Thursday, September 19, 2013

As most of you know, we indie designer types spend a lot of time home alone, but occasionally we leave our dining rooms and computer desks and get to do some pretty cool stuff.   Which is what I did yesterday.  

In preparation for a workshop I am going to be doing at the Slater Mill Knitting Weekend this January, I drove down to Pawtucket, Rhode Island to visit the site and meet the folks who run the museum and are putting the event together.

How beautiful is this?

The Mill has been turned into a gorgeous museum complex with two original mill buildings full of artifacts and old industrial machinery, an original saltbox house, a gift shop and a really lovely park along this river, with sculpture and benches and grassy areas.  A nice respite from my dining room table, I tell you!

The coolest part of mill for me was the little behind-the-scenes tour that I got from Andy, the curator.  Behind his workspace full of old, leather-bound books with faded titles was the archive.  

And in the archive were shelves and shelves of vintage photographs and quilts and smaller pieces of machinery that had been used almost 200 years ago.  This little box was in a drawer of hand-knotters - strap on contraptions straight out of a steampunk novel, that would allow workers to retie strings that had broken on the machine, without getting their hands too close to dangerous machine parts.   (and note the name on the box!)  Who knew?  So cool.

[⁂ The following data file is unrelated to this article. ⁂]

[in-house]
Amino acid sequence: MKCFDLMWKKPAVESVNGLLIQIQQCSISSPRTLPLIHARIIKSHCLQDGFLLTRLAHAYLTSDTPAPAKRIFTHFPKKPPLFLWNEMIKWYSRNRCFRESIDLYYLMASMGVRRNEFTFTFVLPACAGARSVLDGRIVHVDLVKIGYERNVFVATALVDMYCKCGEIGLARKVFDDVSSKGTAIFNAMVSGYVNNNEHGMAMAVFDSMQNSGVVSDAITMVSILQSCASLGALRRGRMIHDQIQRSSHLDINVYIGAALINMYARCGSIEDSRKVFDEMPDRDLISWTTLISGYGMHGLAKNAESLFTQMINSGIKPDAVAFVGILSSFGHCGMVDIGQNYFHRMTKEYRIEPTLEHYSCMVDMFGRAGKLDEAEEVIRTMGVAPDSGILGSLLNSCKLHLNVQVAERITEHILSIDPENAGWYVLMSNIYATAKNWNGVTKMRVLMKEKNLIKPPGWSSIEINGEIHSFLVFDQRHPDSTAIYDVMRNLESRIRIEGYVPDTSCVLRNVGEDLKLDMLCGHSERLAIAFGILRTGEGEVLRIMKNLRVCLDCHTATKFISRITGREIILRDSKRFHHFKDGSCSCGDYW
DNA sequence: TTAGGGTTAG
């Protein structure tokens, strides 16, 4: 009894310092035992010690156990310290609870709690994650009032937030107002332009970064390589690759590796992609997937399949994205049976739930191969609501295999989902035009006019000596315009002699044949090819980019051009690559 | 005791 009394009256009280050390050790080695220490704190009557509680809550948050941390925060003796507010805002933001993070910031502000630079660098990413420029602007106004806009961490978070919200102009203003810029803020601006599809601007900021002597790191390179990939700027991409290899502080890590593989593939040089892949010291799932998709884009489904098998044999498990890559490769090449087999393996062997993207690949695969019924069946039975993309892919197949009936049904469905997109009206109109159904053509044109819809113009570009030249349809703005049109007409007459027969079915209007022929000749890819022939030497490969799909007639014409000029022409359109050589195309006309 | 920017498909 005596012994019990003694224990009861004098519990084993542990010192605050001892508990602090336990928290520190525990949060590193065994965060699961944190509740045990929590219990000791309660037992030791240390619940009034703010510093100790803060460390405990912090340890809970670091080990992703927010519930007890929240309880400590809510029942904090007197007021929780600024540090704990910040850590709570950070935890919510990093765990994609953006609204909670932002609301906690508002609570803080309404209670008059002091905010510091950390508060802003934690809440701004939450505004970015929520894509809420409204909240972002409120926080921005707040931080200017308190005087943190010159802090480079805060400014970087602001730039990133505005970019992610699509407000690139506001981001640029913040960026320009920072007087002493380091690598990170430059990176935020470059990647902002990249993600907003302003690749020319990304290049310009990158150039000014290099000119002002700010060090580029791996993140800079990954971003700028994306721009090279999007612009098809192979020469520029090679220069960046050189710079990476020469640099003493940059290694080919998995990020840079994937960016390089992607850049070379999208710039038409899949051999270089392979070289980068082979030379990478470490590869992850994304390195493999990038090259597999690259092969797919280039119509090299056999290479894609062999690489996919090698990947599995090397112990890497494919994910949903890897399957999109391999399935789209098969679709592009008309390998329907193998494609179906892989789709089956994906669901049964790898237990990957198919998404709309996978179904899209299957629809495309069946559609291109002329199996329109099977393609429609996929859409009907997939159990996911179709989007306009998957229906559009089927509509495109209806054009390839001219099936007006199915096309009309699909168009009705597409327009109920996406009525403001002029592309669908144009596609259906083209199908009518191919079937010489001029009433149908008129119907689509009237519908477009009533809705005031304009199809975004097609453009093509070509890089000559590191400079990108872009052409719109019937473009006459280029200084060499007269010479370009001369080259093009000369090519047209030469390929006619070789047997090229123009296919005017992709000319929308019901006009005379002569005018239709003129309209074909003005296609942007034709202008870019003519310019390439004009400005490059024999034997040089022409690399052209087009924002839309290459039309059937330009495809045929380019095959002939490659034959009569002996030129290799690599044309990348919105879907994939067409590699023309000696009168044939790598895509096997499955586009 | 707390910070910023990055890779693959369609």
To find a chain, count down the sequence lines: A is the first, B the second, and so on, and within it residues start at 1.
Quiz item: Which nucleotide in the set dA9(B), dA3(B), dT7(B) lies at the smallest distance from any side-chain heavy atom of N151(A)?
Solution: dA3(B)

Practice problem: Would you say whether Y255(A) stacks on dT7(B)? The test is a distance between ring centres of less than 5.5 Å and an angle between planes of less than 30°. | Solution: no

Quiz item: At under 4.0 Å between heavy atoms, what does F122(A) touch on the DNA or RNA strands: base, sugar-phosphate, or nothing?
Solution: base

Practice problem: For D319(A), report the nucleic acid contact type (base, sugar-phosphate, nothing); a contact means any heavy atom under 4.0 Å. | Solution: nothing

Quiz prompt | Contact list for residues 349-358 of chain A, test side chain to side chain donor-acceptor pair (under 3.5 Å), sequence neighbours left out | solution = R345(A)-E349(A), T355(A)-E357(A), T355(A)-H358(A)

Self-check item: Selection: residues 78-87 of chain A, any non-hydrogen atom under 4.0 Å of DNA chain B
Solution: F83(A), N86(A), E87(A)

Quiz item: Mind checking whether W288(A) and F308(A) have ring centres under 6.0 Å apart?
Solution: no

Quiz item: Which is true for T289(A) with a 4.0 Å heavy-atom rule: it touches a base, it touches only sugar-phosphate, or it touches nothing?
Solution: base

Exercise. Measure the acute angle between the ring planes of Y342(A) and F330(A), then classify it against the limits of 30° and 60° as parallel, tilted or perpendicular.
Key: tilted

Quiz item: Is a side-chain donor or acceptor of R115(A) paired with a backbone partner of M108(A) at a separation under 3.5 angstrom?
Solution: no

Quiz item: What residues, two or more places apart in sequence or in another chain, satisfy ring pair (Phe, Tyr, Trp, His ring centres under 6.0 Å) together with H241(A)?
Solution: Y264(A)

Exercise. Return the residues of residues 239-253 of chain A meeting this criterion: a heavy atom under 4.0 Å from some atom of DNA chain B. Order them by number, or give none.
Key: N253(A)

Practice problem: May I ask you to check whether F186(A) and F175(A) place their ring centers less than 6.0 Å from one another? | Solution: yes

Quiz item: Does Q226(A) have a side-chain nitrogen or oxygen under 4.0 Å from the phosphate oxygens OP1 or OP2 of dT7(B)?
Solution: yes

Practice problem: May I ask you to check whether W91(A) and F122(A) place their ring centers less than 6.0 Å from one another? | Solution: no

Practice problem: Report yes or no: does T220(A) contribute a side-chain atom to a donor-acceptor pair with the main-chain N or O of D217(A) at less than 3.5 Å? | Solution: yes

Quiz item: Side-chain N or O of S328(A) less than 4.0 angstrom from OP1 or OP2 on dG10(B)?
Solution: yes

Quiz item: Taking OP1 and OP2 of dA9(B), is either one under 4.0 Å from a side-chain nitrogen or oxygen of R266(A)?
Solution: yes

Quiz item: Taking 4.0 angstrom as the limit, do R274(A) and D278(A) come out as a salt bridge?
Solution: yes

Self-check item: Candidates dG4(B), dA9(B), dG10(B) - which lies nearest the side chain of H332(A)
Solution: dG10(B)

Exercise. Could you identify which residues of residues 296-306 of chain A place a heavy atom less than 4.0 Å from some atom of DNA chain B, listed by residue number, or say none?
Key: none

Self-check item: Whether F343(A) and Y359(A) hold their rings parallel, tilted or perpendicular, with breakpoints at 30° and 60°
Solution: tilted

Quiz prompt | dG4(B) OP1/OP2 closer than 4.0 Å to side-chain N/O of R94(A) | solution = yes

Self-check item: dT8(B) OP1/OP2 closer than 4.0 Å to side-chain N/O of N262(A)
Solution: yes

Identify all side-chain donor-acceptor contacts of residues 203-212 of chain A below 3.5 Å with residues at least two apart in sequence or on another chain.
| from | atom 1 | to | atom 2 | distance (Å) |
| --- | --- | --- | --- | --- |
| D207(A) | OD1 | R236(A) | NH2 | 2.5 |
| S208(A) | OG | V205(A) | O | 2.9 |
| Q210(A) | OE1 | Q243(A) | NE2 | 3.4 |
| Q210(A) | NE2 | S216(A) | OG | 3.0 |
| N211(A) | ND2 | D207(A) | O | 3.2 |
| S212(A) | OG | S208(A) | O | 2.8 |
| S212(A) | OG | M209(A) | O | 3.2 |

And, then there was this. 
Oh, this....

I nearly died when he opened a box and took out some of the original catalogs of lace motifs and fabric patterns that the mill produced and delivered to their clients in the 1800s.  On each page were beautiful and delicate notes, drawn in careful calligraphy, listing delivery dates or quantities or client names for the specific patterns. 

I'm a stitch dictionary junkie already and I could easily have sat down right there for the rest of the day and been happy.   Instead, I snapped a few photos and hinted that I would love to maybe come back sometime and take another peek.  For now, let's just say that this is NOT the only photo I took of an open page on these books. 

My visit to the mill wasn't all fun and games though, we were making plans.   Some of you careful readers may have noted that I mentioned a workshop up top in that first paragraph.  More details will follow, but it should be a fun weekend, and I'm not the only teacher that will be there!  Stay tuned.


Anonymous said...

I love fiber field trips, and I love Pawtucket! I took a guitar-building workshop there, and it was so much fun. That whole area is wicked artsy in the best way.

Kristen said...

Sounds like heaven to me. That last beautiful photo, oh my, I want more.

Glenna said...

What beautiful pictures... look forward to hearing more about this wish I can come play!

Anonymous said...

pretty terrific place, no?

Anonymous said...

Wow! What a surprise for me. I see you recognize your last name, but I see "Barber Colman Rockford Illinois". That' box is an historic relic from my town here in Rockford Illinois. Barber Colman Co still exists.